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Darlings of the Dow Strategy

| | Posted in: Calendar Effects, Fundamental Valuation

A reader asked:

“Have you tested the Darlings of the Dow strategy developed by Larry Williams? He has modified his original strategy several times, and I wonder whether he made revisions because of new insight or because the original strategy proved not much better than the five cheapest Dogs of the Dow. What I find interesting is his timing of the Darlings with Sy Harding’s MACD timing method and his buying the Dow Jones Utilities for the remainder of the year.”

The original Darlings of the Dow strategy employs fundamentals to select the five most undervalued stocks in the Dow Jones Industrials Average and times entries and exits seasonally (enter in October and exit in April). The revised version chooses other entry and exit dates. To evaluate the strategy, we assume that the trading dates/returns for Darlings of the Dow stocks are as listed by Larry Williams and that returns while out of the Darlings are the adjusted returns for the iShares Dow Jones US Utilities (IDU). As benchmarks, we calculate returns based on adjusted closing values for S&P Depository Receipts (SPY) over the same intervals and average 90-day Treasury bill (T-bill) yields as an alternative to IDU returns. We use a test period of 2002-2007 (10/28/02-9/13/07) that is out-of-sample and post-publication with respect to the original strategy. We find that:

The following chart summarizes returns by trade for two Darlings of the Dow strategies (one that is in T-bills and one that is in IDU when out of the Darlings) and for SPY over the ten trading intervals in the sample period. Results exclude trading frictions. Note that:

  • The Darlings of the Dow strategy that alternates Darlings with T-bills generates an average return per trade of 9.8% with standard deviation 9.2%. It beats SPY in eight out of ten trading intervals.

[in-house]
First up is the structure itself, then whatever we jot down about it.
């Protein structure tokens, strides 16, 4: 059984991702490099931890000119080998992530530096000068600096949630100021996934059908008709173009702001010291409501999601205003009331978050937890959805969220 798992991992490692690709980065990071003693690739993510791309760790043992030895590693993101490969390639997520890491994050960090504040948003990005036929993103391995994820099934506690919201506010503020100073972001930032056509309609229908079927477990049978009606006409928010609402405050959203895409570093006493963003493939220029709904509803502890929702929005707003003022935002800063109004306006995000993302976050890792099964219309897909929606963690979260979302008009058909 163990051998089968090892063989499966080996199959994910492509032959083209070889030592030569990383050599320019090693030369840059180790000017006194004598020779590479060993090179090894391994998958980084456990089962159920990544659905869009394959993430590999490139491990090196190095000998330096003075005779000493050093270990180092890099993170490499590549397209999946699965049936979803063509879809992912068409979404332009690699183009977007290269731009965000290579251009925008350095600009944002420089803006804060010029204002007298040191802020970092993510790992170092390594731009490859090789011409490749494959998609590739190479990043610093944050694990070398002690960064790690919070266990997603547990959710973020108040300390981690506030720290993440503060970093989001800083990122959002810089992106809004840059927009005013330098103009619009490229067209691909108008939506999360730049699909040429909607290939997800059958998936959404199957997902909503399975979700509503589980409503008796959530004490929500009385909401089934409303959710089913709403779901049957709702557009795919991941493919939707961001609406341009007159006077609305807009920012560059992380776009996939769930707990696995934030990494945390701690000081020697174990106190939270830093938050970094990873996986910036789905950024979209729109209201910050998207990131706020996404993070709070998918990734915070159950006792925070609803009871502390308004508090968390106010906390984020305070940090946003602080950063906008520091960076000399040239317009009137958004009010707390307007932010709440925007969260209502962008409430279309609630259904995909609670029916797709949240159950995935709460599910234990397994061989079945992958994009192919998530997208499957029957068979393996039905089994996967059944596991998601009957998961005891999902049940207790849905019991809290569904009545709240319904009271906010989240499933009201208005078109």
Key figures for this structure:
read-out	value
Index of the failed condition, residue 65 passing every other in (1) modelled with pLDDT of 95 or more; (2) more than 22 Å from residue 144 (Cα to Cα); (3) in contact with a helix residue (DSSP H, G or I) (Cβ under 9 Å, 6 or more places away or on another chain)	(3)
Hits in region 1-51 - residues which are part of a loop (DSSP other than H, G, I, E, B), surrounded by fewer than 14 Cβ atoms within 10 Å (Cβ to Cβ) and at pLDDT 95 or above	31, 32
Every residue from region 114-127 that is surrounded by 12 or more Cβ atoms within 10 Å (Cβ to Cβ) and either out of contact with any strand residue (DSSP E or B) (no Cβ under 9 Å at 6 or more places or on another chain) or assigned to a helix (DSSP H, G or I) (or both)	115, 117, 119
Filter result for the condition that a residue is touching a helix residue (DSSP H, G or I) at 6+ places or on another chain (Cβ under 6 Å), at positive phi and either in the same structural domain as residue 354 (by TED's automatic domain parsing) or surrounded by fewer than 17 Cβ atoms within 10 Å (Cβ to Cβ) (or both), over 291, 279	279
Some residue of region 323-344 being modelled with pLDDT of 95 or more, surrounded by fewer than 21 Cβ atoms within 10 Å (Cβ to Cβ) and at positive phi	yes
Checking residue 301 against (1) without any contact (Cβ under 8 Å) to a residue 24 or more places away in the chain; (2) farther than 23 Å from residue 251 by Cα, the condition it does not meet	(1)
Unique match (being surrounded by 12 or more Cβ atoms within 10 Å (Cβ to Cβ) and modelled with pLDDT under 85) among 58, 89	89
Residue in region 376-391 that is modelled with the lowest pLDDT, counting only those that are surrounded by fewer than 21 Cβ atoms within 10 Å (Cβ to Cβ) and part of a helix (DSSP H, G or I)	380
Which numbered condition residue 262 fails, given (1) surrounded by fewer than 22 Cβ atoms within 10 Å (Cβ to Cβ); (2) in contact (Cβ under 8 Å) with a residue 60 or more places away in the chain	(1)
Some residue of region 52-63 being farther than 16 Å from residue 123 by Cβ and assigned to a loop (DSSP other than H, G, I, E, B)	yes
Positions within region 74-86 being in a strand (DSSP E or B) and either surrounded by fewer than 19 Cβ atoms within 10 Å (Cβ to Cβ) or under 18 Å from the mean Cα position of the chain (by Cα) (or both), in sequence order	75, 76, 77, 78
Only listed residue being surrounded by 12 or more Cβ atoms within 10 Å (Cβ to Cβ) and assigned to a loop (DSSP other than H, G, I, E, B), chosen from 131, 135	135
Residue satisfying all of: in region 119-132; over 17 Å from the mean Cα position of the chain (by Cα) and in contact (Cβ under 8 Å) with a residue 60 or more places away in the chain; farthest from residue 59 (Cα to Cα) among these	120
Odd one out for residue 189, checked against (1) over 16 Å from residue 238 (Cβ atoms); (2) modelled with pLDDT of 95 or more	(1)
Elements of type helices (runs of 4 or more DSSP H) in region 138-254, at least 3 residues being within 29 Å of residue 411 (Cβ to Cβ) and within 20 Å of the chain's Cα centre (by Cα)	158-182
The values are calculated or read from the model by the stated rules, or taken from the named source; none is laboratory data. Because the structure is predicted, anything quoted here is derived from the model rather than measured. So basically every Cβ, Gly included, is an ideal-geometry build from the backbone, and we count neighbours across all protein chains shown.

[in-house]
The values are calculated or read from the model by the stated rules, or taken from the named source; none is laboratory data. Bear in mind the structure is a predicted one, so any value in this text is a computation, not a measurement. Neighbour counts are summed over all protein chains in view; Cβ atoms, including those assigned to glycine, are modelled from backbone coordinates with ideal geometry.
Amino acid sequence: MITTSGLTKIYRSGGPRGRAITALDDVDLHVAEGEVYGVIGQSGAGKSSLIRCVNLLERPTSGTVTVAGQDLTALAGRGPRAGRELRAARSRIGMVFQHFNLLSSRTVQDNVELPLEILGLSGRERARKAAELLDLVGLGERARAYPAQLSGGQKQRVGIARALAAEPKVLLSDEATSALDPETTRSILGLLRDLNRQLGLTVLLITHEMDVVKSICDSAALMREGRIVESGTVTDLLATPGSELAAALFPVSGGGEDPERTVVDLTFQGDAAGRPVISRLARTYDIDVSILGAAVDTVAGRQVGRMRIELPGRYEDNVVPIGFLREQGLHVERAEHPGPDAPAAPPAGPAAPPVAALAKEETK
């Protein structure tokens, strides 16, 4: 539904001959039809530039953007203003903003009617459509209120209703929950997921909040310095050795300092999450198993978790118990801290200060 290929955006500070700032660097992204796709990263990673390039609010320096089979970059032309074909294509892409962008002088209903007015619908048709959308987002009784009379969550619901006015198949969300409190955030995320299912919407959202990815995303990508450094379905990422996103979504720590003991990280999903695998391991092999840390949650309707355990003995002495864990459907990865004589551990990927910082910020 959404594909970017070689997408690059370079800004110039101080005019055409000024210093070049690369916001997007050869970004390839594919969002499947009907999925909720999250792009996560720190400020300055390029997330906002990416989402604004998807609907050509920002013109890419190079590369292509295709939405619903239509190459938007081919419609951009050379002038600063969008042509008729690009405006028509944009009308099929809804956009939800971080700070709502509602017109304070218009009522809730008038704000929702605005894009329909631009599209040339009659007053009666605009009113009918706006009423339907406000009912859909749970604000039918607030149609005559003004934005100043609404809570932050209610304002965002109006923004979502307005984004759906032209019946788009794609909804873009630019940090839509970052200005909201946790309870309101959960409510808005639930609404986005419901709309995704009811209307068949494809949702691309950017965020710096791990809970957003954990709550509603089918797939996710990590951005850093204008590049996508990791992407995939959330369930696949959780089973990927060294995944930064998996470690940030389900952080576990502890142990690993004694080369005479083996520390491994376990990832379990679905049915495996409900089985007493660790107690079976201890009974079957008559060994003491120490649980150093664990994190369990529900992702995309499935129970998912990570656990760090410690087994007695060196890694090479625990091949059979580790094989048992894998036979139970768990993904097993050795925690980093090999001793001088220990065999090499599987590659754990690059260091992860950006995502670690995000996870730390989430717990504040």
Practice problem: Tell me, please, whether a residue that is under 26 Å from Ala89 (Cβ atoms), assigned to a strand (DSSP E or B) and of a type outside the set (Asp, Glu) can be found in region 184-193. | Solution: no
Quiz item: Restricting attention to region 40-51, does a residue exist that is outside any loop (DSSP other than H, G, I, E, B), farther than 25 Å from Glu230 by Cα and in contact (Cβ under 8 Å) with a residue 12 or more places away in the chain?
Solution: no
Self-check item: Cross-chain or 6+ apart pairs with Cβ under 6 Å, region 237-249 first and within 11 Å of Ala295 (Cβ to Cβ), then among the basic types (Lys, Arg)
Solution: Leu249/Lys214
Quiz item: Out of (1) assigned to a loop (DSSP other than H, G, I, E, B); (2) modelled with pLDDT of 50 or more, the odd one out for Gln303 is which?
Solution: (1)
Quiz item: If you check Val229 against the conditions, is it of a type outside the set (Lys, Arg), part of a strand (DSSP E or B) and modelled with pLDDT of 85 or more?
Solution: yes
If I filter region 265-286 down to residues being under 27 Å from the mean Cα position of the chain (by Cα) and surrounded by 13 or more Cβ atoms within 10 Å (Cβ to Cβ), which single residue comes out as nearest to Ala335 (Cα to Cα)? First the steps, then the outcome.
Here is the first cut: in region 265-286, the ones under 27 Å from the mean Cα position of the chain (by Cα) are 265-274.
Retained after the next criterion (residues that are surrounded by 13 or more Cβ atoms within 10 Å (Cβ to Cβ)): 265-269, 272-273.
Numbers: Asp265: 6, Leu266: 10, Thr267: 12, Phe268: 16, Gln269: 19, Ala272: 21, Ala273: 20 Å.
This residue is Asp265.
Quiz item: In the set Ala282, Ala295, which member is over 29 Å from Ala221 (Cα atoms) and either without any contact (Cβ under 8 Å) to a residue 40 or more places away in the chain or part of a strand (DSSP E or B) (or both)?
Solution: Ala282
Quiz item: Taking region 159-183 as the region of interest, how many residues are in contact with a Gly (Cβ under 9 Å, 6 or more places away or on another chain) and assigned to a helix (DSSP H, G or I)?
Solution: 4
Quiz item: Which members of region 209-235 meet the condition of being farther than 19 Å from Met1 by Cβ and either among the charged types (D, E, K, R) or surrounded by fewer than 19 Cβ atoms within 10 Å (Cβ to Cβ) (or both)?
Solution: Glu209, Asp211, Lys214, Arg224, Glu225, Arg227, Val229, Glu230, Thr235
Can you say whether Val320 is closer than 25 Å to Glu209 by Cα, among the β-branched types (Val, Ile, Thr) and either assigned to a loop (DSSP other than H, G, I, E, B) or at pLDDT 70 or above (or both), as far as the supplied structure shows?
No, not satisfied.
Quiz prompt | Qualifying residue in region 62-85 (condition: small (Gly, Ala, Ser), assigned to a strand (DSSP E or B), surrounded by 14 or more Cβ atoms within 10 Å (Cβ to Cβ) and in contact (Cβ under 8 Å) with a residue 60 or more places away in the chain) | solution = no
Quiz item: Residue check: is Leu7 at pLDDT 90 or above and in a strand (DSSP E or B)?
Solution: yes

• The Darlings of the Dow strategy that alternates Darlings with IDU generates an average return per trade of 12.5% with standard deviation 7.8%. It beats SPY in nine out of ten trading intervals.
  • SPY generates an average return per trade of 6.2% with standard deviation 5.7%.
  • A sample of ten trading intervals is small.

How do these trades translate into cumulative returns?

The next chart shows the cumulative value of $1 initial investments in the two Darlings of the Dow strategies and in SPY over the ten trading intervals in the sample period (without intra-trade variations). The terminal values for the three alternatives are: $2.46 for the Darlings of the Dow strategy that alternates Darlings with T-bills; $3.17 for the Darlings of the Dow strategy that alternates Darlings with IDU; and, $1.80 for SPY.

What could be misleading about these results?

Some cautions about these results are:

  • As noted above, a sample of ten trading intervals is small, such that one dramatically different additional observation could substantially alter conclusions.
  • There may be data snooping bias in the construction of the original Darlings of the Dow strategy, such that its historical returns involve a significant amount of luck unlikely to carry forward into out-of-sample results.
  • Adjusting the strategy after original development defeats out-of-sample testing and elevates the level of data mining bias. We cannot confidently test the original Darlings of the Dow strategy because the Darlings at the end of October may be different from the Darlings chosen on some other date.

In summary, the Darlings of the Dow strategy offered solid returns over the short post-publication period of 2002-2007, but the level of data mining bias in these returns is unknown and strategy adjustments have impaired out-of-sample testing.

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